JOSH: Well, the idea, really, the controlling idea was that there are so many components that go into what drives teenage violence and, when we read the news stories, we do not know what those components are – all of them. We make our judgments and we either write someone off as crazy or we blame fire arms in America, you know? The media is very quick to take one angle. I mean, the politicians are quick to pick one angle and drive that home. I mean, you take a step back and, I mean, it’s so many factors that go into this one explosive or tragic event – like socio-economic realities, the education system, the community health system and what kind of funding that gets from the state and the federal government, the familial dynamic, what’s going on with the parents, what’s going on with any siblings, and the fact that this country has been at war since 9/11 factors into a lot of the psychological realities. So, the play was motivated by this mass shooting but it really became I guess a tapestry of all the conditioning forces that can lead to this final result. I did a lot of research on serious mental illness and there are a lot of people and there are a lot of teenagers who need help and who don’t have the resources to get it and I was hoping that, with this play, I could make people aware of that and motivate people to vote for politicians who support mental illness research or funding for community mental health centers or I could motivate people to get involved with the National Alliance on Mental Illness or simply to have teenagers perform this play and feel like they’re not alone.
JOSH: That their voice can be heard. I really realized that when we started the rehearsal process.
LINDSAY: Yeah, it’s always amazing to me. I really think that the best issue plays have to speak on two levels and that issues are always epic, you know, particularly something like this which has, as you say, so many factors and so many arms that you could go down. What it really boils down to is can a character on stage speak to someone in the audience and somewhat that little light bulb just says, “He or she is saying exactly what’s in my head and I didn’t think that that was possible.”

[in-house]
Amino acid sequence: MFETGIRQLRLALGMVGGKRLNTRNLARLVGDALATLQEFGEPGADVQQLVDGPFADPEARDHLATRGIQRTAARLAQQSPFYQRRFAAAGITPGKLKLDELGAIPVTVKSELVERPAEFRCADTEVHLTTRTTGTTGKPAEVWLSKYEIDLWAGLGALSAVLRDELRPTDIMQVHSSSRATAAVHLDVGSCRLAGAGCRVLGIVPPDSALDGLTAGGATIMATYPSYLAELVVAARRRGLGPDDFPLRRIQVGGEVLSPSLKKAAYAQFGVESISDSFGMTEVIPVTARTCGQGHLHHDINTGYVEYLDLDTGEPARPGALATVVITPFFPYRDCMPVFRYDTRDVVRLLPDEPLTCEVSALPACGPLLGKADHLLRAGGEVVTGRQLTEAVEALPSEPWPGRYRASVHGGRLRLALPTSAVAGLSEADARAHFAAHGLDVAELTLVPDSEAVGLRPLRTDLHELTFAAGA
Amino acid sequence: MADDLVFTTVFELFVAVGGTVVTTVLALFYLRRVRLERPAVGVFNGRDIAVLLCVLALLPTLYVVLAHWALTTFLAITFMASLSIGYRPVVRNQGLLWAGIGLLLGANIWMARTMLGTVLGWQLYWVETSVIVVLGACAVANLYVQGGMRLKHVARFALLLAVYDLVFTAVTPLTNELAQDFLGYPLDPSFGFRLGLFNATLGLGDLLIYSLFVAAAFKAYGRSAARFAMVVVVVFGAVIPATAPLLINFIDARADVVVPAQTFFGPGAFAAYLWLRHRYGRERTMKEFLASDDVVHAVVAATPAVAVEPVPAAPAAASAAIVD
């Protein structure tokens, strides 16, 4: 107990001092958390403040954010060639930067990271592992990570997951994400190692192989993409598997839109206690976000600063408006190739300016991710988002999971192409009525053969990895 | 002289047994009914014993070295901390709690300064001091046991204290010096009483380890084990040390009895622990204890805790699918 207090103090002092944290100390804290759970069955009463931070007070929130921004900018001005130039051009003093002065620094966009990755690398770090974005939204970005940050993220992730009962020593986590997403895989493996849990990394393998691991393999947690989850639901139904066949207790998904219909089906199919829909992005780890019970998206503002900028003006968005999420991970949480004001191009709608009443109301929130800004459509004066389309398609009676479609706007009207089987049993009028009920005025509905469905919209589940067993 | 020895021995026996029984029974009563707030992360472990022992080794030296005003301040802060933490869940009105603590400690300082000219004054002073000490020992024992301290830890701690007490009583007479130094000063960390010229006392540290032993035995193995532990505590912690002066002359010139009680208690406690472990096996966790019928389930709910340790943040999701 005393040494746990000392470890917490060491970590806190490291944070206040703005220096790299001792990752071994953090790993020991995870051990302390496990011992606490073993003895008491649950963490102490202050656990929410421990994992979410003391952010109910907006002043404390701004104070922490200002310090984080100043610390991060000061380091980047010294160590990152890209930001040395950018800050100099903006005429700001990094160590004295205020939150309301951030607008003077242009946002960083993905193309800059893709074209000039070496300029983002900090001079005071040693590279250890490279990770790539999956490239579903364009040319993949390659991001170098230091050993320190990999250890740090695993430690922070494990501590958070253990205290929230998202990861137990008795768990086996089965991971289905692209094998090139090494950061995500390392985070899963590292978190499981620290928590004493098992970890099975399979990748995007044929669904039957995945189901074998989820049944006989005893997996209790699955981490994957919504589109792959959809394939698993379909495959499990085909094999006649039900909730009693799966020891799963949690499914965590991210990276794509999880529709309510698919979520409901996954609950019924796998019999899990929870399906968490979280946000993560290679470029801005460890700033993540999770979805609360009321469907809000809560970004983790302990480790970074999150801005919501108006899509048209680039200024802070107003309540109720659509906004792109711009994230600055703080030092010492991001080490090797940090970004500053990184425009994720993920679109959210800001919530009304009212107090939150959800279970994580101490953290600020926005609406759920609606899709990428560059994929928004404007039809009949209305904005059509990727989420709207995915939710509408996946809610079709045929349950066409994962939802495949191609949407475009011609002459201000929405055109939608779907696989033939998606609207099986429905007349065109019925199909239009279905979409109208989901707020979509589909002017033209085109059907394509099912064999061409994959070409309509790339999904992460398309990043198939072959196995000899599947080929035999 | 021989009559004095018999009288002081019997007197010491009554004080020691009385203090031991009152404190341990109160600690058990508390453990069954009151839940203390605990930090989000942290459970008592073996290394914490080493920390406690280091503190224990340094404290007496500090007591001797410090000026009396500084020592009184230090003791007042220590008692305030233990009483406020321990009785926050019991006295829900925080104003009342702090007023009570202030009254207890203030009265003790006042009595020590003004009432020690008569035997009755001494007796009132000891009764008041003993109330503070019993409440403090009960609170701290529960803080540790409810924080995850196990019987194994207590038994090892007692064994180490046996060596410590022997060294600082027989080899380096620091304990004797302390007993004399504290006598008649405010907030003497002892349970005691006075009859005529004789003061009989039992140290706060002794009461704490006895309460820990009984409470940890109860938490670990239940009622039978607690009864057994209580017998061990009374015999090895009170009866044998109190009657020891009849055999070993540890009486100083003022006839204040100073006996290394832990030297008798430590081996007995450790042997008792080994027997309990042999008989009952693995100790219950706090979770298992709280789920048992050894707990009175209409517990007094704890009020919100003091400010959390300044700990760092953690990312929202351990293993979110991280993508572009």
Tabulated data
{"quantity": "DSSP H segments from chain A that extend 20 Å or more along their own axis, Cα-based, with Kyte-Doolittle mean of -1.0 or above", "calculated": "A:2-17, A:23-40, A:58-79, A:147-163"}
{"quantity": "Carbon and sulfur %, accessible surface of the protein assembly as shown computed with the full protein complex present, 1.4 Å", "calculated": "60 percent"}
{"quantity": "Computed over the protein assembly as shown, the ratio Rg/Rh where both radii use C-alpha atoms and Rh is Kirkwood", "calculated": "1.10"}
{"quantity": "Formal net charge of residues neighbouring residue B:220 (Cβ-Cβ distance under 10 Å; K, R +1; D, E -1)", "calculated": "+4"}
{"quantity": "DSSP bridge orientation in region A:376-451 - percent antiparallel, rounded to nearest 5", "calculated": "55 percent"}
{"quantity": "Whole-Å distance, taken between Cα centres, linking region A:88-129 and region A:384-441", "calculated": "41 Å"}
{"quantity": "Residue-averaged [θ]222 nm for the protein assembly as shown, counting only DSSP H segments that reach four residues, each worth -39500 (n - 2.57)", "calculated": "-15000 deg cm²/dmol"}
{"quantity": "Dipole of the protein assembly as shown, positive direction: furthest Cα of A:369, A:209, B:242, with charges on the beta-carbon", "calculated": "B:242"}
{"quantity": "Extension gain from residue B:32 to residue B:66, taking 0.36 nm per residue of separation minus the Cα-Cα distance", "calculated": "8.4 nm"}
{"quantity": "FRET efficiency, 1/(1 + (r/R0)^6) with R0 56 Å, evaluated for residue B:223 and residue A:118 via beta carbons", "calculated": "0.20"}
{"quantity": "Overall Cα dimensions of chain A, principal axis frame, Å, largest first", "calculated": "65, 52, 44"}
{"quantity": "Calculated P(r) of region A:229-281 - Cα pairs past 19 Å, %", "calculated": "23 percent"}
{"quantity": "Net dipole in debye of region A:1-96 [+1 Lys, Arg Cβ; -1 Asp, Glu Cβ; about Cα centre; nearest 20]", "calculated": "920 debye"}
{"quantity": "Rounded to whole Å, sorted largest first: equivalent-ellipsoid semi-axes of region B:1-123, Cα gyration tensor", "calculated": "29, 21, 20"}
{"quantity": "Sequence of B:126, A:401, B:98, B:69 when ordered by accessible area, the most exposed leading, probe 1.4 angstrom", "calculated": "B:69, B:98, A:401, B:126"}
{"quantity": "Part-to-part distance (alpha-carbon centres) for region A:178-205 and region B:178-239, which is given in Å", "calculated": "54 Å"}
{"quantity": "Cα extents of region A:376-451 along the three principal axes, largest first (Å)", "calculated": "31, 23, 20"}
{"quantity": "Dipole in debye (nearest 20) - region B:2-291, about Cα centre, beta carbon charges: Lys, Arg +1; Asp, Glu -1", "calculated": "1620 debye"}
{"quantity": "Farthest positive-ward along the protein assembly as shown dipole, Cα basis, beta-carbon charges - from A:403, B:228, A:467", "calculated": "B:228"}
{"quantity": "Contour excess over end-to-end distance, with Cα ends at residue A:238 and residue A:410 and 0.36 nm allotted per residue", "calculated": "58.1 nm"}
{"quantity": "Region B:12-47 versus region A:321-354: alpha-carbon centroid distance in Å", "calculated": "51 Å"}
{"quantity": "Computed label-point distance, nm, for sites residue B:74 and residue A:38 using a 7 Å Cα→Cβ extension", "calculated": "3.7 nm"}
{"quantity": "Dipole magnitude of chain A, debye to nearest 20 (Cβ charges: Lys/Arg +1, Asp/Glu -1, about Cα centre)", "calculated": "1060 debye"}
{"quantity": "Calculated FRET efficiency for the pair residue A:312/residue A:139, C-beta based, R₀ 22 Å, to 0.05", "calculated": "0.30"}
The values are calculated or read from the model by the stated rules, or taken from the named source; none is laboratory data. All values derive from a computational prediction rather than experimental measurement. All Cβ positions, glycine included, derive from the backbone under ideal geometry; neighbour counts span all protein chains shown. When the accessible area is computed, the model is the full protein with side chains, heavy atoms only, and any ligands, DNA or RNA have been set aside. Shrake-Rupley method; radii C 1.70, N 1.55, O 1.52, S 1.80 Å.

LINDSAY: I find that a big responsibility as a playwright.
JOSH: Yeah, I was very nervous. I was nervous. I did not want to come off as insensitive toward this subject matter. I did not want any sort of messages to be confused. During the rehearsal process, I had kids come up to me and say, you know, “I have a family member” or “my dad has a brother” or “I didn’t know if you know this about me but I’ve been in therapy for years.” Through the rehearsal of this play, people, students started to become very comfortable and very open in talking about whether it was OCD or ADHD or someone in their family who has a serious, serious mental illness such as bipolar with psychotic features or schizophrenia. There was just a real openness which I didn’t anticipate happening but the breaking down of the stigma was just organically happening because we were surrounding ourselves with this subject matter. And then, when we performed the play, I was so moved by the audience’s reaction and the goal was to create a discussion here on campus about serious mental illness and teen violence. I had just audience member after audience member come up to me and say the same thing. “Wow, I have a brother who has dealt with this for years and years and years.” Or, you know, “I’m a lawyer and I work in the L.A. County system and you wouldn’t believe the cases we deal with where there’s no help for people with serious mental illness.” And so, there was quite a conversation and it was very, very moving. It was quite an experience.
LINDSAY: Well, I always like to say that the last page of an issue play is what happens after the play is over.
JOSH: So true.
LINDSAY: What’s the discussion that’s going on? What’s the conversation? That’s where I just get so worried about places that don’t want to talk about the issues that teenagers are going through and they’re just like, “Okay, if we don’t talk about it, it’s not happening.”
LINDSAY: And about how amazing conversation is.
LINDSAY: Particularly with teenagers. So, having them open up like that. I was just talking to a teacher – she was doing an issue play – and it was unexpected for her as well that the students really opened up and she was unprepared to sort of handle that aspect of it. How did you handle the students opening up and sharing this very private topic with you?
JOSH: Well, the program I run here, I teach a lot of Stanislavski based work and Lee Strasberg method work and a lot of emotion comes out. Kids are sort of aware that that’s a strong component of the program – that kids are laughing hysterically or sobbing from minute to minute in classes and in rehearsal – and they get into the program because of that component – because they need to explore their emotions, they need to express their really strong feelings. And so, it was, I think, a terrific relief to have kids open up about the issue of mental illness whether they were directly affected by it or indirectly affected by it. It was a huge relief. It felt like we were right at home in this material and I was so grateful to them for reading the material and responding and really listening to the material and then sharing it back with me. It was really a beautiful experience and I was so grateful. I remember we did the Laramie Project about five years ago – oh, my god, I think it was more like nine years ago.